“They could not enjoy life on the outside.” Meet the doctor helping children traumatised by Daesh to see a positive future

Dr. Maysoon Hussein Hadidi is a doctor from Mosul. Her drive and ambition to help children with disabilities was already strong before Daesh occupied her home town.

Dr. Maysoon Hussein Hadidi is a doctor from Mosul. Her drive and ambition to help children with disabilities was already strong before Daesh occupied her home town.

Due to a fall when she was young (and the complications which followed), she grew up with a disability herself.  As Iraq did not have the appropriate medical resources to treat her condition, her family had to take her to Dubai for treatment. This inspired her to provide home grown services to young Iraqis.

“It gave me incentive to think about society in the future, including those with special needs and disabilities,” she says.

She fulfilled her ambition of completing a medical degree and then focused on providing Iraqi children with the medical care they needed to overcome learning disabilities and behavioural issues.

In 2012, she established two treatment centres for children, in Erbil and Kirkuk, and was close to opening a centre in Mosul when Daesh overran the city in 2014. As well as frustrating her plan to open a centre there, Dr. Maysoon, who was in Erbil, was cut-off from her family who remained in Mosul.

“All ways of contact with our families were cut,” she says, describing the effects that Daesh’s occupation had on her. “Also, we suffered fear and terror daily. Thank God this nightmare is gone now.”

During the occupation, her centres in Erbil and Kirkuk accepted many children from displaced families who were traumatised by Daesh’s rule. After liberation, these types of cases continued.

“Especially in the circumstances following the liberation from Daesh, which are so difficult, children need these facilities to help cure them of diseases,” she says.

Once Mosul was free, Dr. Maysoon wanted to try to stave off the negative effects of Daesh’s occupation on the city’s children. In her centres, a major focus is on psychological support and healing children from the effects of the psychological oppression and vicious ideology that Daesh subjected them to.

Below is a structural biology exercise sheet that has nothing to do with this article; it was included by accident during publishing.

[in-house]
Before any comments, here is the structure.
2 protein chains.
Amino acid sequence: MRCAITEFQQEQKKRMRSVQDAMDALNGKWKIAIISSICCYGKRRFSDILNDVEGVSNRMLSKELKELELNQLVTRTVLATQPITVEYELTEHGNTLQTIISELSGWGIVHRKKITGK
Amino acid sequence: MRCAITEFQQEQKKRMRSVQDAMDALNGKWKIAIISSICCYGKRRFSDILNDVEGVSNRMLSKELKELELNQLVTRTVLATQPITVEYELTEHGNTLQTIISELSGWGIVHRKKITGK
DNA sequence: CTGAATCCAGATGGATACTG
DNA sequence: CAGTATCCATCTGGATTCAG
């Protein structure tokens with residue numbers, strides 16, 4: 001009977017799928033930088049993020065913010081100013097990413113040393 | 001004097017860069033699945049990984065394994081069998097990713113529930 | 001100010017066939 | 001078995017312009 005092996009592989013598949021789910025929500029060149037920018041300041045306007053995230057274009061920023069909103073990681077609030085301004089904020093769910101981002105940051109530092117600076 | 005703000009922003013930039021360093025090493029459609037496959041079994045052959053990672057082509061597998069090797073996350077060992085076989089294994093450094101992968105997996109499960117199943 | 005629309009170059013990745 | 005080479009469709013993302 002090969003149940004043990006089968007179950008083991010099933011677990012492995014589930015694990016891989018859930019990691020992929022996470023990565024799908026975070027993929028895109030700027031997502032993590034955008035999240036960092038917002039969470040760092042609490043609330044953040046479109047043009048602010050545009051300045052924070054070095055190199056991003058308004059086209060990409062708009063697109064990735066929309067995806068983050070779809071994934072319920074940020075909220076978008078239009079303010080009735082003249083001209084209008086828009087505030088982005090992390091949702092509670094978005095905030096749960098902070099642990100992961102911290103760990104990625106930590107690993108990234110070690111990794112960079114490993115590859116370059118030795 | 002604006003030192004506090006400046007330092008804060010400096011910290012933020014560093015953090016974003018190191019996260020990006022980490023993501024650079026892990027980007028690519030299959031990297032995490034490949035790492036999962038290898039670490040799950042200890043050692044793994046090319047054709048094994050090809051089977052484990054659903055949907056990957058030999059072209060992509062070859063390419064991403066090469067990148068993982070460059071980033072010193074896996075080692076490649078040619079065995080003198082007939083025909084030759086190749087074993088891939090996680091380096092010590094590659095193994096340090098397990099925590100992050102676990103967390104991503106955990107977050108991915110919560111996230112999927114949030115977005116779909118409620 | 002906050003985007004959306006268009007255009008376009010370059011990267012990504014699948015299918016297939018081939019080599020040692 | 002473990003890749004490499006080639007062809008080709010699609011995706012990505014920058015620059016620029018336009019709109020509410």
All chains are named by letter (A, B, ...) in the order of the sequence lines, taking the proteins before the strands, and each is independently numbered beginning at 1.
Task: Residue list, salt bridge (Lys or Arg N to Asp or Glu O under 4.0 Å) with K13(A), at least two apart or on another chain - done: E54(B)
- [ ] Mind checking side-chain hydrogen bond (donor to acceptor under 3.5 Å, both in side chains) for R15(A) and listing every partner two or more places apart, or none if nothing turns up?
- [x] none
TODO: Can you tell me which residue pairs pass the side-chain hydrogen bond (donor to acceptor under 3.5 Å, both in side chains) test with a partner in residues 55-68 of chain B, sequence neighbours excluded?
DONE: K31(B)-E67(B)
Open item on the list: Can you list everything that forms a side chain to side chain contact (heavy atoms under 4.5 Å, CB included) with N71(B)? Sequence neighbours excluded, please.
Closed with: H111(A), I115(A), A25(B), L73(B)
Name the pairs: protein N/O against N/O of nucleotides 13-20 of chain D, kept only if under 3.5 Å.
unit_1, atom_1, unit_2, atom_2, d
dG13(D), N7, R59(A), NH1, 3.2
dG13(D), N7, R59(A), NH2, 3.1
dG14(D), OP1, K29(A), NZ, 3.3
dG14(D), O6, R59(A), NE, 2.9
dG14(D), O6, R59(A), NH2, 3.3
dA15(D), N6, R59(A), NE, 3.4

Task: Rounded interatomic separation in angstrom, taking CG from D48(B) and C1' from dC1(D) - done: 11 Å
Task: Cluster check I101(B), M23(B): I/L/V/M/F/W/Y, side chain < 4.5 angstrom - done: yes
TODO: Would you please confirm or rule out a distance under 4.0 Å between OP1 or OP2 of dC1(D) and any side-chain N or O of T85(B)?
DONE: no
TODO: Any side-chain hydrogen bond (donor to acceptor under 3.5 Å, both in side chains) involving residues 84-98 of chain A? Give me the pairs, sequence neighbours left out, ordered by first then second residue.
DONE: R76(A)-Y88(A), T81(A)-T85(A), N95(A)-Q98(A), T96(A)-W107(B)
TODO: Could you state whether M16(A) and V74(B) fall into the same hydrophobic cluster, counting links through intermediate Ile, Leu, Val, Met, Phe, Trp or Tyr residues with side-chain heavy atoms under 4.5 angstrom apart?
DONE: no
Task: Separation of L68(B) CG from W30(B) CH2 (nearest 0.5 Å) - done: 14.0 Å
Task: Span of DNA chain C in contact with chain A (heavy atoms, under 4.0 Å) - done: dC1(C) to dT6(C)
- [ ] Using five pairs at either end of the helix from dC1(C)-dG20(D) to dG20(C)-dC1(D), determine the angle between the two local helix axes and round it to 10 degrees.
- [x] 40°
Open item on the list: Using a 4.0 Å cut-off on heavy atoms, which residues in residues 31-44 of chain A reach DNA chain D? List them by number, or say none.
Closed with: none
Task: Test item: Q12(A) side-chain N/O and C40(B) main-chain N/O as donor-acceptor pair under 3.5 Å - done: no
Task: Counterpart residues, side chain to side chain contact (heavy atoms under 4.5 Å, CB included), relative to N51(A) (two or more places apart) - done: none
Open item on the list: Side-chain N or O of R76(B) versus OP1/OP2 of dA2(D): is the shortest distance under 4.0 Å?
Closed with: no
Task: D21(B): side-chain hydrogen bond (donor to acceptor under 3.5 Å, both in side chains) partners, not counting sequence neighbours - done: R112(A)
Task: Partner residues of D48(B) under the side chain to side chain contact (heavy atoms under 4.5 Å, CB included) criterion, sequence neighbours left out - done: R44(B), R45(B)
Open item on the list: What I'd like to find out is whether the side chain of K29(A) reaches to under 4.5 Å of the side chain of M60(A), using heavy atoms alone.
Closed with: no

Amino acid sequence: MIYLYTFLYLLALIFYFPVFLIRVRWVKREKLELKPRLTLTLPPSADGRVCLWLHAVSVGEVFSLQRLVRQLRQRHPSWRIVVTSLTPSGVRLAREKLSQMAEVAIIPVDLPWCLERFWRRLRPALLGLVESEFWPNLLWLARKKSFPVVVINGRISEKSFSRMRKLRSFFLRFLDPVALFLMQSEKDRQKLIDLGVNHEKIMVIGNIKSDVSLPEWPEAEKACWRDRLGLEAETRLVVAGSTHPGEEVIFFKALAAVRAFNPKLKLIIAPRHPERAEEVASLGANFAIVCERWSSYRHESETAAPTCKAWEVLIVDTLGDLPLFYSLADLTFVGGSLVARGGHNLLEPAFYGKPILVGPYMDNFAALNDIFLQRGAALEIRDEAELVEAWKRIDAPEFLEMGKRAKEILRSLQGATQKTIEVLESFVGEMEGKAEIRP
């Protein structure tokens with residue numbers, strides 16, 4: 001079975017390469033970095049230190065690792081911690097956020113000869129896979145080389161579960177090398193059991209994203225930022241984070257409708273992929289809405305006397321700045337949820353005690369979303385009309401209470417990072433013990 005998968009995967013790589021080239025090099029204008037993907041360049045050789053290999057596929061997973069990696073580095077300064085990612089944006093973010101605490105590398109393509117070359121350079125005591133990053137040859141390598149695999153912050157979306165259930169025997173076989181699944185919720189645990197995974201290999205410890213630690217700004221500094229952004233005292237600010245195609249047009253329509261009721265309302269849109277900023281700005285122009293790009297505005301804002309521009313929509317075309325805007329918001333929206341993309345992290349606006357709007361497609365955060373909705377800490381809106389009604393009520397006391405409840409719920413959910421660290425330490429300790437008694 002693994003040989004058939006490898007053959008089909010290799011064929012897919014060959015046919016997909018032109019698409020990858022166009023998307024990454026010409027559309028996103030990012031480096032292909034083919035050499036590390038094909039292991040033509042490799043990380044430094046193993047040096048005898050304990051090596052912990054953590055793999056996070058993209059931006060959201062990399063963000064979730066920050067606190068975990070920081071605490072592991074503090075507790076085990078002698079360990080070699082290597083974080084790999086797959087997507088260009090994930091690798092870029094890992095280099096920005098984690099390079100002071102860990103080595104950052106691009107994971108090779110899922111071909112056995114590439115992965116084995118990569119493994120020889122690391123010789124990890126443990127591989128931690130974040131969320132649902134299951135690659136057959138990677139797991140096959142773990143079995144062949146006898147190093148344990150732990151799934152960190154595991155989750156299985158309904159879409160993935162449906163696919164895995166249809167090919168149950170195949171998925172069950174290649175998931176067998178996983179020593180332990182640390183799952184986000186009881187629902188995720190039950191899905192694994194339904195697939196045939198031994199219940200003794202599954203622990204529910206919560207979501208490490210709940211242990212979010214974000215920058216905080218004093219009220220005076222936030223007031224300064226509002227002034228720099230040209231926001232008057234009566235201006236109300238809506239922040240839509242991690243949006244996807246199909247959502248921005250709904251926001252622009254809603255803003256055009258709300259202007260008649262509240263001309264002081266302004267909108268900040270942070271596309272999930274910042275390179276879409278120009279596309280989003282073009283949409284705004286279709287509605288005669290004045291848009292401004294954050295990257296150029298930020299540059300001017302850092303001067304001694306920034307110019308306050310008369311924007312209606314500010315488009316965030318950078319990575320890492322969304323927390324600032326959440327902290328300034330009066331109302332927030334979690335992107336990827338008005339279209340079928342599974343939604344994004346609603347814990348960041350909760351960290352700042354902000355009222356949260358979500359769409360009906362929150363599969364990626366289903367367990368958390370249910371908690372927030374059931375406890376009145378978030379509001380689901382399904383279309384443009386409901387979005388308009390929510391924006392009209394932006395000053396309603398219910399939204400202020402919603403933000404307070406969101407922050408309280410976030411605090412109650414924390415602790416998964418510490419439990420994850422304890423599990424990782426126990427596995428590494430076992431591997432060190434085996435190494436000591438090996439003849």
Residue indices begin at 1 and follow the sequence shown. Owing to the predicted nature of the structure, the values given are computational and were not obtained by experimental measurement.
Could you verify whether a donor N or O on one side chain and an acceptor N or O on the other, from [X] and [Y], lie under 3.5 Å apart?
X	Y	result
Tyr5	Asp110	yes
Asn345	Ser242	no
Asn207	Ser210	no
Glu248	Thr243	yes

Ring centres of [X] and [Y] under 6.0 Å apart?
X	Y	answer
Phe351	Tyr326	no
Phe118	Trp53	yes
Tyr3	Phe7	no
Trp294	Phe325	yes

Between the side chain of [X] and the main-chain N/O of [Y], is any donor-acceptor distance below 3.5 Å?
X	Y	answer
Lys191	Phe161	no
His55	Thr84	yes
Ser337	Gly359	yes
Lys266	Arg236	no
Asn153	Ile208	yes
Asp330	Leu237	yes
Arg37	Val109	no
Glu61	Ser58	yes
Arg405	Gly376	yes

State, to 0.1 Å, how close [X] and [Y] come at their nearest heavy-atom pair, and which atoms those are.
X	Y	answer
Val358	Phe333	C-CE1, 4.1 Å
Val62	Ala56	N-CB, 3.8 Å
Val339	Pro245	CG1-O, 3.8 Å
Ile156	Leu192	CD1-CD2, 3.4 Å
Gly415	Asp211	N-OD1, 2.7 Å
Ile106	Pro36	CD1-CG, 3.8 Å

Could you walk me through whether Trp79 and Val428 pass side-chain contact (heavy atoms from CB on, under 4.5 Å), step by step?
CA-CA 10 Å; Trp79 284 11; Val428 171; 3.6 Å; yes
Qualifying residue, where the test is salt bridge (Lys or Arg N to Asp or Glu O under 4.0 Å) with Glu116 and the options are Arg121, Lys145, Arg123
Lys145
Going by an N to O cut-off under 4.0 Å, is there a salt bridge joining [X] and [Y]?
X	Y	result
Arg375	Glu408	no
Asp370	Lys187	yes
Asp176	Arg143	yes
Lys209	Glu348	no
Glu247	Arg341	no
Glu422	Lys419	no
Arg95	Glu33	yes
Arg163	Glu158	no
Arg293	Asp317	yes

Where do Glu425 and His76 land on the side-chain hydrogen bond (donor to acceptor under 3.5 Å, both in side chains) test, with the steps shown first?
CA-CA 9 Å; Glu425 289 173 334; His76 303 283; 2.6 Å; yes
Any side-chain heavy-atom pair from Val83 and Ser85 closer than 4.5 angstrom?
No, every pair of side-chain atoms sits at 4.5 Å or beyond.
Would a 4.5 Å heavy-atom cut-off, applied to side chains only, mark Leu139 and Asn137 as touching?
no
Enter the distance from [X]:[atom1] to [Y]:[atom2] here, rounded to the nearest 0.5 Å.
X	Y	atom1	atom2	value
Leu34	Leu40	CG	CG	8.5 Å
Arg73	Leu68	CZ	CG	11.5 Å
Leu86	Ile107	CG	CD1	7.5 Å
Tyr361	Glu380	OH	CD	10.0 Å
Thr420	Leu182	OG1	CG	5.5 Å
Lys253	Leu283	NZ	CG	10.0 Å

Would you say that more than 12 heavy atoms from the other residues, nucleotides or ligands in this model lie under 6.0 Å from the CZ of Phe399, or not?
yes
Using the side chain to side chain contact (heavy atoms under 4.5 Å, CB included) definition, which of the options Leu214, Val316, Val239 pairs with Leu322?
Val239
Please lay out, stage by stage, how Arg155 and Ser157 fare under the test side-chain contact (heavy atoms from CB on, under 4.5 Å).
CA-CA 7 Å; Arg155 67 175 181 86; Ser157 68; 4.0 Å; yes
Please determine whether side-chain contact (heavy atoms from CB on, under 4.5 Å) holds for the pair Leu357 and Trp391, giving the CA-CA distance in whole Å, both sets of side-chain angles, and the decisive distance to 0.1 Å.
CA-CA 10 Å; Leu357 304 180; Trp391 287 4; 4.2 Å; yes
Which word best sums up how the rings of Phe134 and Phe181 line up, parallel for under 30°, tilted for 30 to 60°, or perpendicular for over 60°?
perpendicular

“They remember how it was. They were children not living life properly,” says Dr. Maysoon. “They were locked inside. They could not enjoy life on the outside. They were denied this when Daesh was here. Now thank God following liberation they are more free and live like normal children.”

Among her staff are psychiatrists, therapists and speech experts who focus their energies wherever they are needed.

“We try to amend their thinking, teach them to be good and look to the future, and to see life as beautiful,” she says, “unlike the radical ideology of Daesh which promotes killing and destroying the minds of the children and their parents.”

Dr. Maysoon’s vision stems from a desire to build stability and peace in her community and she is dedicated to that vision.

“I consider my work in society to be humanitarian work,” she says. “I try to give hope to children so they can grow and progress, and I aim to fill children with hope and help them become active members of society who can contribute.”

That humanitarian motivation underpins her entire philosophy and propels her work beyond the centres into the wider community as well.

“I deliver a message to the community to work seriously towards peace,” she says of her contribution. “Peace is a beautiful thing to find around us and inside us.” Watch her full interview below:

Inspiring Women is a is a series showcasing the lives of ten incredible women detailing their experiences under Daesh and how they have empowered others since liberation. Follow the series on Twitter using #InspiringWomen, or view the playlist on YouTube.

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